NABSA

 

Cities around the world are trying to figure out the best way to react in today’s strange new world which is flooded with effects of the COVID-19 pandemic. People are being urged by public health experts to stay home, to flatten the curve. And while many people are doing just that, others still rely on various modes of transportation for their essential trips to get to work, shop for groceries, or whatever their need may be.

The National Association of City Transportation Officials (NACTO) recently released their own COVID-19 Transportation Response Center. This online hub acts as a resource for transportation staff, officials, leaders, and of course, anyone else with internet access and an interest in these things (that could be you!). 

A quick look – and maybe even a quick download and filter application – of the City Transportation Action Updates spreadsheet, tells a story of the variety of actions being taken globally by mobility operators. From free public transit for all to free taxi rides for health care workers to additional fees for ride hailing, no one knows for certain what the best way to move forward is, but organizations are doing what they think is best and learning from others along the way. 

Let’s take a look at bike share specifically.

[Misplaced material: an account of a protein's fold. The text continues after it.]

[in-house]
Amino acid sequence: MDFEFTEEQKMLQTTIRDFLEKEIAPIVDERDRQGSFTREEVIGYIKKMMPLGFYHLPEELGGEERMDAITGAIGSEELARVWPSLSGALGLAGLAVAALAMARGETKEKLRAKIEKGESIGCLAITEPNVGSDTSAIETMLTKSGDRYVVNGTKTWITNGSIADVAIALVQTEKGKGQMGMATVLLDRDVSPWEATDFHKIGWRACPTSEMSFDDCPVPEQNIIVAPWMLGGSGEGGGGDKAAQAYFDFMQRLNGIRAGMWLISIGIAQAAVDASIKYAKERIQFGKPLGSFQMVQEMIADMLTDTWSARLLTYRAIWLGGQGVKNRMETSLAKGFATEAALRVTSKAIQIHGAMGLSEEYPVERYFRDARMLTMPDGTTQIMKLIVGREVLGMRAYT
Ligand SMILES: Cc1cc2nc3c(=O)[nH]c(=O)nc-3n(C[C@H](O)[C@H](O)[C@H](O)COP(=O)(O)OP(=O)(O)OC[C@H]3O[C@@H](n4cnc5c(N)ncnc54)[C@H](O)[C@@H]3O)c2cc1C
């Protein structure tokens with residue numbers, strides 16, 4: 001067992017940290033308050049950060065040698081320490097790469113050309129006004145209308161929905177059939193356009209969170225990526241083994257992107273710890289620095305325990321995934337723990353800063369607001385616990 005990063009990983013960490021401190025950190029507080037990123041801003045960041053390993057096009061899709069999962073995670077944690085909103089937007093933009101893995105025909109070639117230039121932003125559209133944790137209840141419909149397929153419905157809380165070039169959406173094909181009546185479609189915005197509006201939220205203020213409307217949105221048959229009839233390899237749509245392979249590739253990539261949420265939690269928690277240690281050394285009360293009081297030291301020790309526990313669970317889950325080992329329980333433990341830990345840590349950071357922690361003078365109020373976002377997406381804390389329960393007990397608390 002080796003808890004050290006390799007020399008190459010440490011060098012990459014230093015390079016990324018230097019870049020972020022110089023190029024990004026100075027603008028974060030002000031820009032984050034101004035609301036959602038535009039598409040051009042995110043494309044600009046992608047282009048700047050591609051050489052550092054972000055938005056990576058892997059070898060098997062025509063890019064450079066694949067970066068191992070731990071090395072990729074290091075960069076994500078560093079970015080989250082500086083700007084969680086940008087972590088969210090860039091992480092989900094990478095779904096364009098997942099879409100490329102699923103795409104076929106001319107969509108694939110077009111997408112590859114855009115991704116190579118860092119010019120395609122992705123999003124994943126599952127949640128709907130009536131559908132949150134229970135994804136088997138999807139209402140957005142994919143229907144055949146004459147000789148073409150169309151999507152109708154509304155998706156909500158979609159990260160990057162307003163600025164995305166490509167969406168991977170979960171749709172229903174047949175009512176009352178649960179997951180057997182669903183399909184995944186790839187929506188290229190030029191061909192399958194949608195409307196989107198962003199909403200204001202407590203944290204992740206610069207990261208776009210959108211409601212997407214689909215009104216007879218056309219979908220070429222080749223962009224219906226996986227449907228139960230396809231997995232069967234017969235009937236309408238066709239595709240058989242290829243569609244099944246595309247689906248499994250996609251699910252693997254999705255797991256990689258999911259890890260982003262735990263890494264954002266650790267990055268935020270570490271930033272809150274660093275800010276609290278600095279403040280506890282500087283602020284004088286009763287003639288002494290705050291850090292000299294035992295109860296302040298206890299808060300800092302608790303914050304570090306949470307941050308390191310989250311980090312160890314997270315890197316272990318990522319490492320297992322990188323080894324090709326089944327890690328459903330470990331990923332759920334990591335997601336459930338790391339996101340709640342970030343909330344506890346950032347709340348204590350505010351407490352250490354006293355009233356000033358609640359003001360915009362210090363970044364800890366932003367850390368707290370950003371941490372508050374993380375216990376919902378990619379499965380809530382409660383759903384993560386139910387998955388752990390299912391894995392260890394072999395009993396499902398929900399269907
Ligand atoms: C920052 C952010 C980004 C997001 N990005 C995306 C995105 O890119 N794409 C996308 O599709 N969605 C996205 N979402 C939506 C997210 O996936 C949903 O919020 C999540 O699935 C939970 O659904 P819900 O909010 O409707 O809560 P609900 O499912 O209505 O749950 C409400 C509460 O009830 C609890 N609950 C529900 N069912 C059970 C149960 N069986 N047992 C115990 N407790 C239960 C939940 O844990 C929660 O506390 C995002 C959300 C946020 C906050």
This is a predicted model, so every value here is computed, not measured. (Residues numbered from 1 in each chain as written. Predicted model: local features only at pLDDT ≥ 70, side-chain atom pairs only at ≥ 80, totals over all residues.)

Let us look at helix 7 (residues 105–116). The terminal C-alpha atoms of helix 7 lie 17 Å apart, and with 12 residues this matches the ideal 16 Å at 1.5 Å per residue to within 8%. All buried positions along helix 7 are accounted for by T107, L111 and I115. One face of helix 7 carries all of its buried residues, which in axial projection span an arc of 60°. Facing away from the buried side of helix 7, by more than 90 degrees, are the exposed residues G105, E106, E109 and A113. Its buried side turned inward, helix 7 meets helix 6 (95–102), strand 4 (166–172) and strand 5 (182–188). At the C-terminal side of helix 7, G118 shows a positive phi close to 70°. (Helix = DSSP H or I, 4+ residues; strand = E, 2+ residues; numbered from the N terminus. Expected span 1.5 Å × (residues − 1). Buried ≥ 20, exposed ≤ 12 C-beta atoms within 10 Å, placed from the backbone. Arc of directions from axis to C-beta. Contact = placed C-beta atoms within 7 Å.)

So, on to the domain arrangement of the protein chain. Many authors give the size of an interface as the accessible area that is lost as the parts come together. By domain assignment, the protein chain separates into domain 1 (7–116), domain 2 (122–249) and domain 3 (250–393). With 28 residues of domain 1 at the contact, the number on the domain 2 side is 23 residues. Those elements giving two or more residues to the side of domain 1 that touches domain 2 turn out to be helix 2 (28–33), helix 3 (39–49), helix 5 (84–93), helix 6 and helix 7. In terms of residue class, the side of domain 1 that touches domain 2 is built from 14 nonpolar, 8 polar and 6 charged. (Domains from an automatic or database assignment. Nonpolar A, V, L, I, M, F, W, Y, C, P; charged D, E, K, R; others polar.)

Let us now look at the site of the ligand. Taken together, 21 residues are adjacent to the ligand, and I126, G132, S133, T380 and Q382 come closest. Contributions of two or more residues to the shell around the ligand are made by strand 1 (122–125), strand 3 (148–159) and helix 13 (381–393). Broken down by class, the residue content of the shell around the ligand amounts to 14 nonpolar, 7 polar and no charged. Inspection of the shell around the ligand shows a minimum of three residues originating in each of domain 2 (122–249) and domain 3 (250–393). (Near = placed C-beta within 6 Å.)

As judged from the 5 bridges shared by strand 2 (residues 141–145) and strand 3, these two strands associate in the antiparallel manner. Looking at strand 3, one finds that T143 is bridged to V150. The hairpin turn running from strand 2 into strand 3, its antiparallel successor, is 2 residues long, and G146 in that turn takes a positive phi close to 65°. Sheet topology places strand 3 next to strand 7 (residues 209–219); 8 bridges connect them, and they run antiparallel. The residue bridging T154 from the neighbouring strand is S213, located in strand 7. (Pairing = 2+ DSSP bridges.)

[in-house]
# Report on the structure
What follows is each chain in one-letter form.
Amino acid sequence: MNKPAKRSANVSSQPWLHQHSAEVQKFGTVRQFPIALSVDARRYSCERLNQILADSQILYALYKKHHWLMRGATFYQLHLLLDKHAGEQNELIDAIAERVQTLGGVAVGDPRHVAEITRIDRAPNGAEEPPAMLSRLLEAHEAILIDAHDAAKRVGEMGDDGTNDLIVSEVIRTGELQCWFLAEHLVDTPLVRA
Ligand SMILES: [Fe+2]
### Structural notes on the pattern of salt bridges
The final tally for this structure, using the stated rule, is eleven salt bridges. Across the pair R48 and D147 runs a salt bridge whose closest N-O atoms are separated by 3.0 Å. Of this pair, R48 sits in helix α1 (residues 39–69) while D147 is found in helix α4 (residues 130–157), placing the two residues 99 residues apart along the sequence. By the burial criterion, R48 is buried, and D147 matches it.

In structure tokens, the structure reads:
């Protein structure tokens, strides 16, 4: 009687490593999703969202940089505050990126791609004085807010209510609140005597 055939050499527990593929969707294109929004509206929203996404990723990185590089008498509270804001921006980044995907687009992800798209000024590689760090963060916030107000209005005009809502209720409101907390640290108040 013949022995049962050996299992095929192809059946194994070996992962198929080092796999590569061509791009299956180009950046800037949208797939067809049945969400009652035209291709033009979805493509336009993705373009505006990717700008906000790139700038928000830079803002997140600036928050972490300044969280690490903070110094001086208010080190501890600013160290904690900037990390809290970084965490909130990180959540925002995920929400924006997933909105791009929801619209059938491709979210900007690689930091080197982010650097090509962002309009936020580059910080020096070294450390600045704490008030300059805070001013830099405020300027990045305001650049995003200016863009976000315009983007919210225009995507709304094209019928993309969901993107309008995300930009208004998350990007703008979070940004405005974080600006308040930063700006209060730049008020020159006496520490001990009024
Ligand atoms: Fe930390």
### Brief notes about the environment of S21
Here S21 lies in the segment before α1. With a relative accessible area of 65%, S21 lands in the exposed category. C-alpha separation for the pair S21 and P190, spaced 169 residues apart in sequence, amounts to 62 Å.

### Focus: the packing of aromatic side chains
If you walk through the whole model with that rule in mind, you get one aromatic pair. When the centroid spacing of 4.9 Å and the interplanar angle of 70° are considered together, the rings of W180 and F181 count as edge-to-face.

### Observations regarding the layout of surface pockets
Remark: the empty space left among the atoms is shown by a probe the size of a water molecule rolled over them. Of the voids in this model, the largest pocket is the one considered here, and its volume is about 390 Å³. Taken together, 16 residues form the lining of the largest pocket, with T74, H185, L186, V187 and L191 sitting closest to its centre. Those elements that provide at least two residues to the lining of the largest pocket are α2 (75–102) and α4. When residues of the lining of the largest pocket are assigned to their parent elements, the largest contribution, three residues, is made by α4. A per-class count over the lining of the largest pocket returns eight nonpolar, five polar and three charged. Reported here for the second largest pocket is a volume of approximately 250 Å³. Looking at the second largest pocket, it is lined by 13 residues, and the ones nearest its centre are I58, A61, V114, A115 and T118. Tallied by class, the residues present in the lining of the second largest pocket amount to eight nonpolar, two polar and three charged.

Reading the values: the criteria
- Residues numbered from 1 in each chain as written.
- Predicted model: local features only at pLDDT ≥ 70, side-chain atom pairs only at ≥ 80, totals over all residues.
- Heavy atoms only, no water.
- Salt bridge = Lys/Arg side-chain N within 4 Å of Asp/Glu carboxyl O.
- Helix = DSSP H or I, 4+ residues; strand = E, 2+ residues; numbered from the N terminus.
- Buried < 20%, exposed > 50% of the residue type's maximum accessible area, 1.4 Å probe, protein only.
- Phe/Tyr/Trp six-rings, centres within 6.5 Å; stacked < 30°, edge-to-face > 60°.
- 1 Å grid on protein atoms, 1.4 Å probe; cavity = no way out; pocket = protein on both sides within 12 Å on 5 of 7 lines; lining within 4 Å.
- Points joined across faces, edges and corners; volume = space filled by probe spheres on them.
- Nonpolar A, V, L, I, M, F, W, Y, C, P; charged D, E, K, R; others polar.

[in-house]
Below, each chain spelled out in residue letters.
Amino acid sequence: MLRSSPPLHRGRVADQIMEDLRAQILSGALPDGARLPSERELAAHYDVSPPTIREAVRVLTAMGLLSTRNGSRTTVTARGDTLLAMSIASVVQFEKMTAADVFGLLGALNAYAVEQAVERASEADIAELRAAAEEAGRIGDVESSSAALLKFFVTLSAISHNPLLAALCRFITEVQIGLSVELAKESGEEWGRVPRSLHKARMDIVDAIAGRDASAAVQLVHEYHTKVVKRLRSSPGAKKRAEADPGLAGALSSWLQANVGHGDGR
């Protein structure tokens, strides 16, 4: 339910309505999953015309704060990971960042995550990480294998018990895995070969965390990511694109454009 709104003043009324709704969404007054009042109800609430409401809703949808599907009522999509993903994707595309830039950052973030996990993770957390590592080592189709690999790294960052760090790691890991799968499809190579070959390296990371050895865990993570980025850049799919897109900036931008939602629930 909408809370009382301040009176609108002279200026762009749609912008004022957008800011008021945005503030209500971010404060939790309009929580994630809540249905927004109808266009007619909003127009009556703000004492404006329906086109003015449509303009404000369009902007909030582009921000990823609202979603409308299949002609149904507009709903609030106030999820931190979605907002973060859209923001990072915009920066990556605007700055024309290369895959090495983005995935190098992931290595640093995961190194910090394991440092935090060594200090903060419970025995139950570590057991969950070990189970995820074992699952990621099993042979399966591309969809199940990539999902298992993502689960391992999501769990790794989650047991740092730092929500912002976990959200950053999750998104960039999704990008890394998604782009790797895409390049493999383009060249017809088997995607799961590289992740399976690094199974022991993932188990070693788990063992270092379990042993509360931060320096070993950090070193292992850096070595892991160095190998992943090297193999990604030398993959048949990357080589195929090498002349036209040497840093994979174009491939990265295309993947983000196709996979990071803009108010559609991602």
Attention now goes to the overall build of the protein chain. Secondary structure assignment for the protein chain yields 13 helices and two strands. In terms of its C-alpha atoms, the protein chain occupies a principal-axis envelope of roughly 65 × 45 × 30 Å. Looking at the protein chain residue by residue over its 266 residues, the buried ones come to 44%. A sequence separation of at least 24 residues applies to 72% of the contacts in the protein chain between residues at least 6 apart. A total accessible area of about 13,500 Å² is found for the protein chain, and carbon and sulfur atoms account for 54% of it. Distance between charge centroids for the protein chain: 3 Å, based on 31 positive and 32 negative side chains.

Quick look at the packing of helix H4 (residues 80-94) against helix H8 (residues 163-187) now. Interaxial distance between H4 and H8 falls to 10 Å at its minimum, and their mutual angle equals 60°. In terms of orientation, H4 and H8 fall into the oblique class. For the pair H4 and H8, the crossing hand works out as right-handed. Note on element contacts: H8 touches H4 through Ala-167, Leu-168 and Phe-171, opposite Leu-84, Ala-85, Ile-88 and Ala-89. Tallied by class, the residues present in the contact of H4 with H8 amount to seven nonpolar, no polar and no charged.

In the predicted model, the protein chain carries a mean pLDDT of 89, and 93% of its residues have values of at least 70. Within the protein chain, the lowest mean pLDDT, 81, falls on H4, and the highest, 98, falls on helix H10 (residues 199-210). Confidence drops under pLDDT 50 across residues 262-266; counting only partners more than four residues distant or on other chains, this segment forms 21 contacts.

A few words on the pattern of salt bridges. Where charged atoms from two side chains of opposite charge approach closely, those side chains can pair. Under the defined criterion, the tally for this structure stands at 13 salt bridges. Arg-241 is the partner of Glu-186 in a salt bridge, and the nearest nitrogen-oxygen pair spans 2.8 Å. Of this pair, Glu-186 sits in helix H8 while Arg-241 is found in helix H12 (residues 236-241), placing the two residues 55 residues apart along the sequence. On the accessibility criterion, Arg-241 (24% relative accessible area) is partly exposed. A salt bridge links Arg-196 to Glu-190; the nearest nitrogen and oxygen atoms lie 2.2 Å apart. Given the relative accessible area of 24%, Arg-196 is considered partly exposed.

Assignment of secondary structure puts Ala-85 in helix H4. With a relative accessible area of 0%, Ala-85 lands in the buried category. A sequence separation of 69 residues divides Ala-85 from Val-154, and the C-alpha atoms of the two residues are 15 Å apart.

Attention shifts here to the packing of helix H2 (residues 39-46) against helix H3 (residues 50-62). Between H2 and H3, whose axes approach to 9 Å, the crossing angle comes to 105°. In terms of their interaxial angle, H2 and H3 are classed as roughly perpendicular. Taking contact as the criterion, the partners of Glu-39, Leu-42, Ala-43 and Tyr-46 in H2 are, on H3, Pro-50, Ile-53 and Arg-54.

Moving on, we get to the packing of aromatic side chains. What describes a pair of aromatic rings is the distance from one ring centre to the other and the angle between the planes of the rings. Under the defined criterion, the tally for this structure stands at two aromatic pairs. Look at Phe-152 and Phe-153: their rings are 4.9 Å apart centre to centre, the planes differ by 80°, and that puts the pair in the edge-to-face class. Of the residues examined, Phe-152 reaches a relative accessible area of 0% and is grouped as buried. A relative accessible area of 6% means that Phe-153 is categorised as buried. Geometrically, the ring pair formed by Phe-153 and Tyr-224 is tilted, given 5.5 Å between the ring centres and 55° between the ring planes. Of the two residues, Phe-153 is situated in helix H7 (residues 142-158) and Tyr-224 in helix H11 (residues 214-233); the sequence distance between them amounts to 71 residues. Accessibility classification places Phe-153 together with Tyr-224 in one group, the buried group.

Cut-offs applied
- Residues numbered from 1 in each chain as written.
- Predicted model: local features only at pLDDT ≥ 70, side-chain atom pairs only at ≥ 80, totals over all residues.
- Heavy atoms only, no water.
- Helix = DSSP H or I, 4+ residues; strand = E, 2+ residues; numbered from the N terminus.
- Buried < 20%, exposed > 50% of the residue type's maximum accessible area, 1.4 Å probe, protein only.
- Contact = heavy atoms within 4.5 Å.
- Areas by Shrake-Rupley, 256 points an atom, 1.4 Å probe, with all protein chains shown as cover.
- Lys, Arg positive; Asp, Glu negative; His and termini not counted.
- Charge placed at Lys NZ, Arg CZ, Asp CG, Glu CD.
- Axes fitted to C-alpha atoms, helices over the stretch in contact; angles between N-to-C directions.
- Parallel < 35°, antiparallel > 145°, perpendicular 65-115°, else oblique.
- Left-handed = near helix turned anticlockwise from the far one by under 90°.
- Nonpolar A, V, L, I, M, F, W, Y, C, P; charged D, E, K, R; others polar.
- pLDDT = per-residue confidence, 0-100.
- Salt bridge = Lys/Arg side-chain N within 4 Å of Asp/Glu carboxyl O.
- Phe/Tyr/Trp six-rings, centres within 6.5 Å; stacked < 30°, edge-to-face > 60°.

Of the systems that are reporting specific actions due to COVID-19, they generally fall into three categories: free or discounted passes, increased sanitization of their bikes, or closing the system entirely.

Other than increased sanitization, and for those that continue to operate, here are some examples of actions by bike share systems in North America:

  • Mobi by Shaw Go (Vancouver, BC) – free 90-day memberships for essential workers and reduced prices on annual memberships
  • Bixi (Montreal, QC) – free 30-day subscription to all employees of Montreal’s public health and social service institutions
  • Citi Bike (New York, NY) – free-30 day memberships to frontline workers
  • Biketown (Portland, OR) – subsidized Pay-As-You-Go plans and reduced overage fees for monthly and annual members 

NABSA (North American Bike Share Association) has recently launched the Shared Micromobility Status Tracker which also provides a clear overview of some actions by micromobility providers. It is important to remember this data is constantly evolving and accurate only to the best of NABSA’s knowledge. 

Let’s watch as mobility providers continue to react – and innovate – during the strange times that the world is experiencing with this pandemic. 

Image source: NABSA.

 

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